When a company outsources, it loses some control over the quality. Poor communication and visibility could result. Companies must also be prepared for any hidden costs vendors might charge them later when outsourcing.They often end up paying more than their initial agreement because the work is outside the scope of the initial contract.

Offshoring

Geographic distance
Working with a team in a different time zone can be challenging. Implementing tools and procedures poorly can also lead to delivery delays. An offshore partner can ensure the collaboration method is implemented correctly by working with their partner closely.

Outsourcing vs offshoring: who wins?
Offshoring and outsourcing both have advantages and disadvantages. Outsourcing is usually the most practical option for short-term projects that only last up to a few weeks.

However, offshoring may be the right option if you want to start from scratch. It may be challenging, but you can work with a team you trust that can provide invaluable guidance.

Commercial Loans – Take All Aspects In Consideration

As the saying goes, taking a loan is easier than surviving with it. A shrewd businessman is one who borrow but with an eye to repay it as soon as possible. Sometimes, business requirements arise because you get a new business order hat is hard to manage within your own business funds. You obviously cannot afford to lose big business opportunity only because the funds are not there.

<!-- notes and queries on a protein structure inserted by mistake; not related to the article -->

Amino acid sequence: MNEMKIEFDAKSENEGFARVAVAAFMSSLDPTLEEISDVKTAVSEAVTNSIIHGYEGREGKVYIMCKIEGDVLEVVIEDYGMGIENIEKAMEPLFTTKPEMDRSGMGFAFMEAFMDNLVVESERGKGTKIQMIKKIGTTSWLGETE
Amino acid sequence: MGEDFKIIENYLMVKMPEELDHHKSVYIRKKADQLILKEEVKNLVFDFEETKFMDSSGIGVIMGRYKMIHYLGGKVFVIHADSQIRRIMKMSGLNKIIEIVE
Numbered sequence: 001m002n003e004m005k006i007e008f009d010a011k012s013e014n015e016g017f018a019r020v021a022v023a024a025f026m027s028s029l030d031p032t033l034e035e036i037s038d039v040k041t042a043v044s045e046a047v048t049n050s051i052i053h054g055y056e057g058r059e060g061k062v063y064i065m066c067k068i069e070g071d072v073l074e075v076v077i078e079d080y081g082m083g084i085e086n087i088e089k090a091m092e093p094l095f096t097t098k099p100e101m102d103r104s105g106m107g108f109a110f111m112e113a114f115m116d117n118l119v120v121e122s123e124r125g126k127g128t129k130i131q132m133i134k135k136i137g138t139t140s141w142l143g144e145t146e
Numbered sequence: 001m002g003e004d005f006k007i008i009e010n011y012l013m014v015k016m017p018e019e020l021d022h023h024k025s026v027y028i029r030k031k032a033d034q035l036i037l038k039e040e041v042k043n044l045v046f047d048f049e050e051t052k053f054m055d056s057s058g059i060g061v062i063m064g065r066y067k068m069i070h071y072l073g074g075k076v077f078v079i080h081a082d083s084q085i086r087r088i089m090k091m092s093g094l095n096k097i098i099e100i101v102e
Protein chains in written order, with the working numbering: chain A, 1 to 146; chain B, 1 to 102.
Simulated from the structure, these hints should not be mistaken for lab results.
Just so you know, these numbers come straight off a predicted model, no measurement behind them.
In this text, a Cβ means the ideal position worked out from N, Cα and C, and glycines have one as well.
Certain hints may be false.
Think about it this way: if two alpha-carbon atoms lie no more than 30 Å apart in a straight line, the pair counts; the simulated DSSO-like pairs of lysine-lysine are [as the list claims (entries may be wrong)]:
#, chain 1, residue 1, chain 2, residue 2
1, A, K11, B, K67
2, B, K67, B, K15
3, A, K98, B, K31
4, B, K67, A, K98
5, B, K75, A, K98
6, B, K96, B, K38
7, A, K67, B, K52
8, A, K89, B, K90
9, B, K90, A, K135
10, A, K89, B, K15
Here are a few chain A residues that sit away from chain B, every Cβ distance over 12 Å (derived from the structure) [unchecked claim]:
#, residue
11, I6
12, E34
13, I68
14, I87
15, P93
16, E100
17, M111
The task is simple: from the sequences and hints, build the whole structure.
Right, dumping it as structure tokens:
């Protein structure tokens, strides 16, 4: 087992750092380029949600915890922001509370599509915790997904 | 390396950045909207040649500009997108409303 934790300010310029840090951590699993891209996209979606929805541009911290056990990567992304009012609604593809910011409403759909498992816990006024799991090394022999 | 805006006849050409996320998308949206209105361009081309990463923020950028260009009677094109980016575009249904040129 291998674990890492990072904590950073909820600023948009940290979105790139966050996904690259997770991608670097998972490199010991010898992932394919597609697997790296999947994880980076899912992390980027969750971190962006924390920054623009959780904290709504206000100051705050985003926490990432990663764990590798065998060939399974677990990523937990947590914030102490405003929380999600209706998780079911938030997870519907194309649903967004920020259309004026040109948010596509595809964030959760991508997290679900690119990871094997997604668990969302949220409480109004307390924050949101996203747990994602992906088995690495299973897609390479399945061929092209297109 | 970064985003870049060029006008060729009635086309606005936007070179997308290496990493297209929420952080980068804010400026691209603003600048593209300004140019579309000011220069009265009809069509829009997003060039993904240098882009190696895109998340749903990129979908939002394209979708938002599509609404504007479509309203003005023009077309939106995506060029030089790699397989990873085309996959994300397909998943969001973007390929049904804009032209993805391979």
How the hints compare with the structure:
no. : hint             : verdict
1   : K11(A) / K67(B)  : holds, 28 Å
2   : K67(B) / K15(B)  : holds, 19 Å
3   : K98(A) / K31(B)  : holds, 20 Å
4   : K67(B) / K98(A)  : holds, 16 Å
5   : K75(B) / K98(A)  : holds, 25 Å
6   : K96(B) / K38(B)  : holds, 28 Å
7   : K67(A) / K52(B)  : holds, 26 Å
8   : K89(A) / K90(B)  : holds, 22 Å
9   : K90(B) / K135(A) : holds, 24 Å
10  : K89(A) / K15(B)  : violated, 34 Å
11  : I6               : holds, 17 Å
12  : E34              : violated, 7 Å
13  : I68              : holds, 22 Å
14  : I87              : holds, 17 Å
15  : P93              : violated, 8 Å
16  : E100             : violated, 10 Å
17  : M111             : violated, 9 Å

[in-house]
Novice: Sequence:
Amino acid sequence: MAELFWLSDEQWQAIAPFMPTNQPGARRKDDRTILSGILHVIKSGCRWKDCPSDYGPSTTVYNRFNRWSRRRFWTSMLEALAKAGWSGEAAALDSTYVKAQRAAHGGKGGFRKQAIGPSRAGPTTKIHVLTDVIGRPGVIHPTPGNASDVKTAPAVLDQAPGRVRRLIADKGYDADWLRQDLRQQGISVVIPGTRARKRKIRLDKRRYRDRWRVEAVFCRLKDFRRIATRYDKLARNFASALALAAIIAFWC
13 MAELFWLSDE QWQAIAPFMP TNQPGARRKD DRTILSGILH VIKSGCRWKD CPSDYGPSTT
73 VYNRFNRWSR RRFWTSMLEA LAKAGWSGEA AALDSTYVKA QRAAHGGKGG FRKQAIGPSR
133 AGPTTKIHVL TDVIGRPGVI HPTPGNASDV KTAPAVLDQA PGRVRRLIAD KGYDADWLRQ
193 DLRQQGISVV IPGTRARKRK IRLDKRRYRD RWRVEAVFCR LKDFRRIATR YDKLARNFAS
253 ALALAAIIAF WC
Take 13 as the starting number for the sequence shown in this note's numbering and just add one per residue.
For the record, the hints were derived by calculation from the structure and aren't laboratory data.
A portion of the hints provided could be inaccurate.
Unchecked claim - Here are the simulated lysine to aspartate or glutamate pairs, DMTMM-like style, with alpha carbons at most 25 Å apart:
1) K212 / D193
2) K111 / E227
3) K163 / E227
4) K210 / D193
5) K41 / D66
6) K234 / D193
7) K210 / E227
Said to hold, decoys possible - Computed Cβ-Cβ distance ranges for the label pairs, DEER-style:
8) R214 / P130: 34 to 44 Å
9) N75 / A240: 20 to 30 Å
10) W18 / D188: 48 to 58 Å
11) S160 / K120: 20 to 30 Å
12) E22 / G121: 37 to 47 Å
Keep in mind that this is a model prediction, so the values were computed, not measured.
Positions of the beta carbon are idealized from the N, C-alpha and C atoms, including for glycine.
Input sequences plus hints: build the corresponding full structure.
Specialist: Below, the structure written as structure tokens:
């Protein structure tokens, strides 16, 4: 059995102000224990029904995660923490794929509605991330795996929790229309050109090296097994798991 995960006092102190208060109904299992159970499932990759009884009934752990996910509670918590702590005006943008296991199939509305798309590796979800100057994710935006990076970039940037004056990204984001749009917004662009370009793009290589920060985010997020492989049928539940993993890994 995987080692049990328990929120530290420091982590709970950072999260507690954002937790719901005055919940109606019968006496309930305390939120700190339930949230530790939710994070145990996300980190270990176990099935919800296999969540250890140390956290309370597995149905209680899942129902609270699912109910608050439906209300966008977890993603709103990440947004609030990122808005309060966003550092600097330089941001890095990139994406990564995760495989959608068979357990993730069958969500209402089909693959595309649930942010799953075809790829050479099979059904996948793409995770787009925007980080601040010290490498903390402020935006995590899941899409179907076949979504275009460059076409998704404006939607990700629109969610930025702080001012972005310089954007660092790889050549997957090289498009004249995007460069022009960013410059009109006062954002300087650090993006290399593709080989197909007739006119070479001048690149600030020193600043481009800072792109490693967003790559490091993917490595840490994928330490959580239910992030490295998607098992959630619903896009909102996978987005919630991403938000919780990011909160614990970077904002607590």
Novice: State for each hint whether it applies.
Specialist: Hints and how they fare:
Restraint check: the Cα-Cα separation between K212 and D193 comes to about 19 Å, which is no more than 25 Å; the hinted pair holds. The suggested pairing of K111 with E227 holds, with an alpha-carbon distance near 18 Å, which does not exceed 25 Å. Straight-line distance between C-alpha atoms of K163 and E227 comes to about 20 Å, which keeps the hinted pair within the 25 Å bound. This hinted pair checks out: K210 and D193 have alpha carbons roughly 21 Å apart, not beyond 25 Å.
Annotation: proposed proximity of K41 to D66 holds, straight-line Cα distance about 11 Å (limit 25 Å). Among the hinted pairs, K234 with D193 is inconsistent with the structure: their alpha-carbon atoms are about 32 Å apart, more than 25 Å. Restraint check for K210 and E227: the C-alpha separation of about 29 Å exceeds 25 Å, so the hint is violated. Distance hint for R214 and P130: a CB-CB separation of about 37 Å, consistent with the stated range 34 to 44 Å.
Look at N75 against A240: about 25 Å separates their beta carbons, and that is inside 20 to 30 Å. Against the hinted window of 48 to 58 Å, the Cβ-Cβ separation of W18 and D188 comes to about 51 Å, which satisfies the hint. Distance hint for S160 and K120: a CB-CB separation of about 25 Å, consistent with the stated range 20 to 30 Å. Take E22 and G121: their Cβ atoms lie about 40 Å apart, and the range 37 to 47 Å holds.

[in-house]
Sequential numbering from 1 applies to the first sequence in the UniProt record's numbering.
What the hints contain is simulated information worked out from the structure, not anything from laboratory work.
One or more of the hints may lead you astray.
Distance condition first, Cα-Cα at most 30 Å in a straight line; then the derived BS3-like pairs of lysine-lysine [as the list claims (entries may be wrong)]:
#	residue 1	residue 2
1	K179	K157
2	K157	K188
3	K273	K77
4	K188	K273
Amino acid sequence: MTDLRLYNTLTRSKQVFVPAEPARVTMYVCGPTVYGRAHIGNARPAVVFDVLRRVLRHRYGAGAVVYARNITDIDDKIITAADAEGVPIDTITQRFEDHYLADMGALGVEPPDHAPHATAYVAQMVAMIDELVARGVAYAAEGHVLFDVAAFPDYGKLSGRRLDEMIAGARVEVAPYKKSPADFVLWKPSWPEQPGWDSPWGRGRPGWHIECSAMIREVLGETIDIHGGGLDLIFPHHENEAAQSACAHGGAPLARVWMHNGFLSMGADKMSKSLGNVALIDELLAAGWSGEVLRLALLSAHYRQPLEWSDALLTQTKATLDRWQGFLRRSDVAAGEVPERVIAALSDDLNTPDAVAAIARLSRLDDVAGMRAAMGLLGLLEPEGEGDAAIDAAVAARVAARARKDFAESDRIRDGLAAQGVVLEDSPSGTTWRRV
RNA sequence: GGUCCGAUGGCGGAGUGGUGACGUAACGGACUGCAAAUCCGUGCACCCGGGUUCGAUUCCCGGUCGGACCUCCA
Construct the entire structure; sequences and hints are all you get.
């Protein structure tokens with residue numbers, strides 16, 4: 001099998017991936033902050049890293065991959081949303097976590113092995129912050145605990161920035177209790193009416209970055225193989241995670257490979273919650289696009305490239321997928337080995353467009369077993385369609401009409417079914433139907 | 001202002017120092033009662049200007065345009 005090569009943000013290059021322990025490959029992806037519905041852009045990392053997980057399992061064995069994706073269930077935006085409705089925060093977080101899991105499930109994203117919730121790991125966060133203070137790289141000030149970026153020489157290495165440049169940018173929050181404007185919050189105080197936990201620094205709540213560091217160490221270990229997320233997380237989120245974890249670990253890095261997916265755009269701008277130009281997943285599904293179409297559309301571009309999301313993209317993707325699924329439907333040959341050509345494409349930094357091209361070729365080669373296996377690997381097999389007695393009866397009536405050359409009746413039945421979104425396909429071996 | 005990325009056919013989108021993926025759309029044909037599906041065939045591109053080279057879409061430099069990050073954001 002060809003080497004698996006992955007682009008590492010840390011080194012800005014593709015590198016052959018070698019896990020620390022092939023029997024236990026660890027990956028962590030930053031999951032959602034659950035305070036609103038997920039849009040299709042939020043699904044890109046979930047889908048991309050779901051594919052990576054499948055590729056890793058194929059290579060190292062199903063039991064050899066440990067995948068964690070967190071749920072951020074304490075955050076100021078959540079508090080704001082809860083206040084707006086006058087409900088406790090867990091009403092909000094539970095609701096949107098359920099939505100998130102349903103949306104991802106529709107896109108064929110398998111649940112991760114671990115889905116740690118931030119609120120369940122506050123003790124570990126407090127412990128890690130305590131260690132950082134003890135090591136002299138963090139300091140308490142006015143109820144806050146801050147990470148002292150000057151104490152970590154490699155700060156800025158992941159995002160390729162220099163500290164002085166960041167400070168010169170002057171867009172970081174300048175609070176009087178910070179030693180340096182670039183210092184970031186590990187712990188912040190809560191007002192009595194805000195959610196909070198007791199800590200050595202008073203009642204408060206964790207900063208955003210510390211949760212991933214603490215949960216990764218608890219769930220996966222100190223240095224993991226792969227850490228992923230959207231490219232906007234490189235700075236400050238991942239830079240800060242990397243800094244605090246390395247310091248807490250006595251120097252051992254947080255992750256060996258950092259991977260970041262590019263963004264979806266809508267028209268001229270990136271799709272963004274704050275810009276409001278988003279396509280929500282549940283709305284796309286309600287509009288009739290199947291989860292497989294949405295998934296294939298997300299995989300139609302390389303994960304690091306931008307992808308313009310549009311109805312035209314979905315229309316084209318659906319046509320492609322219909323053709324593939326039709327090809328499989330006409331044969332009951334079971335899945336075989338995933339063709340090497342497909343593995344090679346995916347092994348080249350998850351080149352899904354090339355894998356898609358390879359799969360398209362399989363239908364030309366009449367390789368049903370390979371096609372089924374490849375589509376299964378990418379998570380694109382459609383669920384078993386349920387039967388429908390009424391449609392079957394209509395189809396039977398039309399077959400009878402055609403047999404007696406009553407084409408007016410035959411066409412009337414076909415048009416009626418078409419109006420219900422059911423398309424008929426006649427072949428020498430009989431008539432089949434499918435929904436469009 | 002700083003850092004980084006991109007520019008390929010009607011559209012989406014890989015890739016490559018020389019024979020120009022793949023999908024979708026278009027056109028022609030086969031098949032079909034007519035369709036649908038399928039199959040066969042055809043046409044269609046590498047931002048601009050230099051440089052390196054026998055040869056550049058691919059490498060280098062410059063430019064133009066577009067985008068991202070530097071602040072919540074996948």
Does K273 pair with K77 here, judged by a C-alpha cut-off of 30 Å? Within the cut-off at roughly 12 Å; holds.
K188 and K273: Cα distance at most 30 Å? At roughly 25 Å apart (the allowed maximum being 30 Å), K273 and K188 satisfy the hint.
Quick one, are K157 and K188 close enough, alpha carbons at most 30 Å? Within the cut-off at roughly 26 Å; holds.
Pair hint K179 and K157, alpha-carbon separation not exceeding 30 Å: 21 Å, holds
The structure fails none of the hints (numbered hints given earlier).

These and other similar situations force you to take help of external sources of financing. These sources may be temporary or permanent, depending on the nature of funding. Large body corporate often have huge financial needs, and therefore, they resort to public financing by inviting deposits or going for a ‘rights issue’ meant for the existing shareholders. On the other hand, a new business concern or sole proprietorship undertaking would obviously not be able to take benefit of that sort – neither are these meant for them.

Before applying for commercial loans, first of all decide the type of debt financing that your business firm will be comfortably able to get. If you do not own any property in the name of firm, secured commercial business loans are out of question. You will have to rely on loans that do not require any security. These loans will offer you a limited amount – upto £25,000. The interest rate is likely to be little more than what you can get by pledging some property. The amount of loan that you can qualify for can be increased by involving some property in the loan transaction.

Why an Integrated Workplace Safety and Wellness Program Is Best

Employees are a business’s most valuable asset and keeping them safe and healthy should be a priority for any company. Many businesses have a workplace safety program and a wellness program, but the two programs operate independently of one another – but should they? There are some compelling reasons to integrate the two so that employees can benefit from a more global, holistic approach to staying safe and healthy on the job.